Sex & Relationships

Kids killing your conversation? Six great strategies for connecting with your spouse

Little things that go a long way towards keeping your relationship romantic even when the kids aren't in bed

romance, marriage, raising kids, marriage advice

Masterfile

So, how was your (MOM!) day hon? How’d (DAD—HE HIT ME!) that presentation (MOOOM!) go? Okay, just take him upstairs for a bath, I’ll stay with—STOP HITTING YOUR SISTER!—her down here and do some homework. (GO AND GET YOUR BACKPACK PLEASE, FOR THE THIRD TIME!) Let’s just talk about our day later okay? Oh, right, my mom’s coming over later, well, talk to you (DAAAADD!) whenever I guess?

Sound familiar? If you’re a parent with young children, sometimes even just catching up with your spouse at the end of the day can take Olympic-worthy efforts, so it’s no surprise that sometimes a parent’s actual coupledom gets sidelined. But as it turns out, it’s especially important during this time in life that you do stay connected as a couple.

“Children are very demanding in terms of our time and energy, and given this, it is easy to pour our energy into our children and to let go of our partners,” says Dr. Lori Limacher, a Calgary-based couples and family therapist. “And this can be a risk zone for a couple. If anything, it can be revitalizing to remember and reconnect with our “adult” self and connecting with our partners we can be needy, we can be cared for too.”

So aside from pulling a Tiny Fey/Steve Carell-style Date Night, how can we stay connected as a couple during this frenetic time in life? Try these six tips to keep the adult love in the house going.

1. Take it in small doses: Reconnection doesn’t always have to be about grand, romantic gestures, says Dr. Limacher. “Instead, these moments can be small, and yet very fulfilling,” she says. “So focus on creating opportunities to listen and touch our partners–like we do with our children.” That means a 10-minute eyes-only-focused-on-each other-truly-listening-chat could actually be more fulfilling than trying to squeeze in an hour of catch up time at the end of every night. Go for small meaningful moments if that’s all you have time for right now.

2. Show off your coupledom: Family movie night doesn’t always have to exclude two-some time. “So when you’re watching TV, don’t always let the children sit between you,” says Marilyn Barnicke Belleghem, a Burlington, Ont.-based marriage and family therapist. “Snuggle together and tell the kids they can choose a side or sit elsewhere. This lets your spouse know you want physical closeness and you are prepared to take that as a priority once in awhile. Children need to learn parents have a special relationship they are not part of.”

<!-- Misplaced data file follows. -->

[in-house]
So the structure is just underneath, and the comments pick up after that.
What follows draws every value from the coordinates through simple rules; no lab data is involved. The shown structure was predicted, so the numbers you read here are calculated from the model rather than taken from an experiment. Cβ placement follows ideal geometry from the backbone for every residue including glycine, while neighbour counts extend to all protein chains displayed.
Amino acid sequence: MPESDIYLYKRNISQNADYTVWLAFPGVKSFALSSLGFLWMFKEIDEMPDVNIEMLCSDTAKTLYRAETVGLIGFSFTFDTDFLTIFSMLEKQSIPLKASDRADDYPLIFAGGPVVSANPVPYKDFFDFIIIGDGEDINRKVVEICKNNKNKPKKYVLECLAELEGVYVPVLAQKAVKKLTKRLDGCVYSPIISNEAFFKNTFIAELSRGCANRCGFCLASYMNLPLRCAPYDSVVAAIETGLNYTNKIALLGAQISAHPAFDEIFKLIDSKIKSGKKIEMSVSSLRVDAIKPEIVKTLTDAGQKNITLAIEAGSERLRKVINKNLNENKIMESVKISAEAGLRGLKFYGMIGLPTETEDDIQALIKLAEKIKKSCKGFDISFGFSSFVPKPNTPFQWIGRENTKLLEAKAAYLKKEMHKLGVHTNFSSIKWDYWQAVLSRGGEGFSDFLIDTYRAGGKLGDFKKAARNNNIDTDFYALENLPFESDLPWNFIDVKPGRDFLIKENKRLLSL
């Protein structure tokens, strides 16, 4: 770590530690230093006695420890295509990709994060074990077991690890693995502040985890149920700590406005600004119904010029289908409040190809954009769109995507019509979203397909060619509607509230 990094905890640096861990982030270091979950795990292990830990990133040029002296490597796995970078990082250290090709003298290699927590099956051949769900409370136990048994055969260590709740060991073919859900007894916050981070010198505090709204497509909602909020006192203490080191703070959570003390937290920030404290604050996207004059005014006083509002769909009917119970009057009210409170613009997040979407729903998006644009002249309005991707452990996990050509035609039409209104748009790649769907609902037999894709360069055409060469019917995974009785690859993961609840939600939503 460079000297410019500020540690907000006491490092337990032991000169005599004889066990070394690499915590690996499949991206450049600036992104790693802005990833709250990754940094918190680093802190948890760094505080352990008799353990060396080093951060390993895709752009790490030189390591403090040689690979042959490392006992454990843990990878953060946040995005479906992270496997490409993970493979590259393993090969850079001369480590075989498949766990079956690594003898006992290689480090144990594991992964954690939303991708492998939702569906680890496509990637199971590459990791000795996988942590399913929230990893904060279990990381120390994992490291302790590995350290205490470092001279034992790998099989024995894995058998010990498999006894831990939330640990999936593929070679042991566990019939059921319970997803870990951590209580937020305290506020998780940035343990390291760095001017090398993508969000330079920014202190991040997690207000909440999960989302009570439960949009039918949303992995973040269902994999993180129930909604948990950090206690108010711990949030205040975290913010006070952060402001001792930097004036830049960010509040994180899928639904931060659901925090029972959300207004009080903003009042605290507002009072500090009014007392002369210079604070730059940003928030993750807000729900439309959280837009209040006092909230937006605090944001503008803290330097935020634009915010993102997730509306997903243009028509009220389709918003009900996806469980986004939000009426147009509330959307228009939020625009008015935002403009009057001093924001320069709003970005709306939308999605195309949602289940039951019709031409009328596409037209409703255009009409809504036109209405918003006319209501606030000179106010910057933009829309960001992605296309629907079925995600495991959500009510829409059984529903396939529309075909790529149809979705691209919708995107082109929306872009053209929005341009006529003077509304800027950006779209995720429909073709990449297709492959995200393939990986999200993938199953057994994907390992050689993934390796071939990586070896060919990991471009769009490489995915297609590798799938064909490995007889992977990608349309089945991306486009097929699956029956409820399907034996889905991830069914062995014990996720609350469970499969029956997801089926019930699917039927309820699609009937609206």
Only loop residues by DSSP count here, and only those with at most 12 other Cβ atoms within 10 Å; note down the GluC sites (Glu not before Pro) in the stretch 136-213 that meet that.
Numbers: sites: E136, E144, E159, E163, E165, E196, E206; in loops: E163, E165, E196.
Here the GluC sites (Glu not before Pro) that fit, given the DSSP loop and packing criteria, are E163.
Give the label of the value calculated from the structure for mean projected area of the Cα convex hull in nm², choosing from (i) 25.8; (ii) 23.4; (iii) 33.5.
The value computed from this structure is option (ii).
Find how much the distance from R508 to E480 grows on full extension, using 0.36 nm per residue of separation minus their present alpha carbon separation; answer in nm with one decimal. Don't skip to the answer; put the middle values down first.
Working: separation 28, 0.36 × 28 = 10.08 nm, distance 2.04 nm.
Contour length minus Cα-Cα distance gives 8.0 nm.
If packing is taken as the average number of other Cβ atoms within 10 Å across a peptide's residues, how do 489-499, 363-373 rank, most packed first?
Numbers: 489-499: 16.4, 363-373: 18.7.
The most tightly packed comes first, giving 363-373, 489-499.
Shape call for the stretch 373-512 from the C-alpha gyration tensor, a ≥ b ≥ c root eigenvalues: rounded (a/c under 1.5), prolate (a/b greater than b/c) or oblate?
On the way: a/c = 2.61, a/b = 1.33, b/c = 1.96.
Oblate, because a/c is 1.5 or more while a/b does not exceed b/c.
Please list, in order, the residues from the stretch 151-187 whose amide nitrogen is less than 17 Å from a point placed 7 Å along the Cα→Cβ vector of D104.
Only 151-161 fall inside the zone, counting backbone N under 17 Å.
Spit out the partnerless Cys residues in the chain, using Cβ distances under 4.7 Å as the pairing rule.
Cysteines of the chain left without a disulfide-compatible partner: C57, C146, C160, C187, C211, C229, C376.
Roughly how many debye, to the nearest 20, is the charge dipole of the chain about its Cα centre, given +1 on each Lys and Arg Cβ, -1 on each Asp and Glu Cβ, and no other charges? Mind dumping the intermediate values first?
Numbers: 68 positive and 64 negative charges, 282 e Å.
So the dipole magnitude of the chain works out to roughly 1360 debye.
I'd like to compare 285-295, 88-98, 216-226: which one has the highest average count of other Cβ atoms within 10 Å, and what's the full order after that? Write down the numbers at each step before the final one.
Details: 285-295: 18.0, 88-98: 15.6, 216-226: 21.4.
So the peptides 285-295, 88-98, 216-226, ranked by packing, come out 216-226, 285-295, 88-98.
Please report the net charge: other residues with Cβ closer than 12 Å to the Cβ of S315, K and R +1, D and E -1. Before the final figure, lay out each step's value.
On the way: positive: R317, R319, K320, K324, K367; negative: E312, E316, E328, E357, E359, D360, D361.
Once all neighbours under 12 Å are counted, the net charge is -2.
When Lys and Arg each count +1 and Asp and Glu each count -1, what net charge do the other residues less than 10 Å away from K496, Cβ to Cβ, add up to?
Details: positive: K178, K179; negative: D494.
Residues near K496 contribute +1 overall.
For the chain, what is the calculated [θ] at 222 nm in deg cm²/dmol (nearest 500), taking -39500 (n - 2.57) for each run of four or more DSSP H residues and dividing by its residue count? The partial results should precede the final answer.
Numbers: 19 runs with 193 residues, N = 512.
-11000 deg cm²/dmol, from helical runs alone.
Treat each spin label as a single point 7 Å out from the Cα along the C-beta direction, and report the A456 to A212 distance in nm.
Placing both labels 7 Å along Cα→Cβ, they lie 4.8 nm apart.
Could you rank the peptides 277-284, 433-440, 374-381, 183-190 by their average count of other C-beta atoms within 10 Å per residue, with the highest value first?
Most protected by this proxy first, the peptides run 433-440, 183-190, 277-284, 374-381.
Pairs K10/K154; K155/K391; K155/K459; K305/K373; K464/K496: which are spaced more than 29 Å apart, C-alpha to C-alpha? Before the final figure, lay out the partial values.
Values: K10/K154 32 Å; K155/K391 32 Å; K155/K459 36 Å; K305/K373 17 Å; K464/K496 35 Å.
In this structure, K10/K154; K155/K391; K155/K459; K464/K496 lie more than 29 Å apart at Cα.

3. Crank up the tunes: “Music stimulates a part of the brain with emotional connections,” says Barnicke Belleghem. “So play music that has shared memories and even if the kids want to dance about or are off in bed, you’re connecting because you value the health of your relationship.” 

4. Kill the technology: “Often our habitual form of relaxation or self-soothing takes the form of technology—turning on the TV, surfing the Internet, etc,” says Dr. Limacher. “Instead have one day a week where you decide that after the kids go to bed, there’ll be none of that. Instead you share some wine, a foot rub, a back rub. Or if the kids are still up, have a walk with the children together, only you walk as a couple.”

5. Force the connection: “At the end of each day, find something in your day to share with your spouse,” says Barnicke Belleghem. “And this needs to be separate from responsibilities including children. It might be a news item or an observation like the way the world seems darker after the Christmas lights and decorations come down. This is a task to do as an intentional effort to stay in their adult selves and to connect as a couple.”

6. Get playful “Flirt with your spouse,” says Barnicke Belleghem. “Children don’t understand adult inferences and jokes so make eye contact and openly flirt.” Remember the basics of good flirting—eye contact, showing interest and light touching.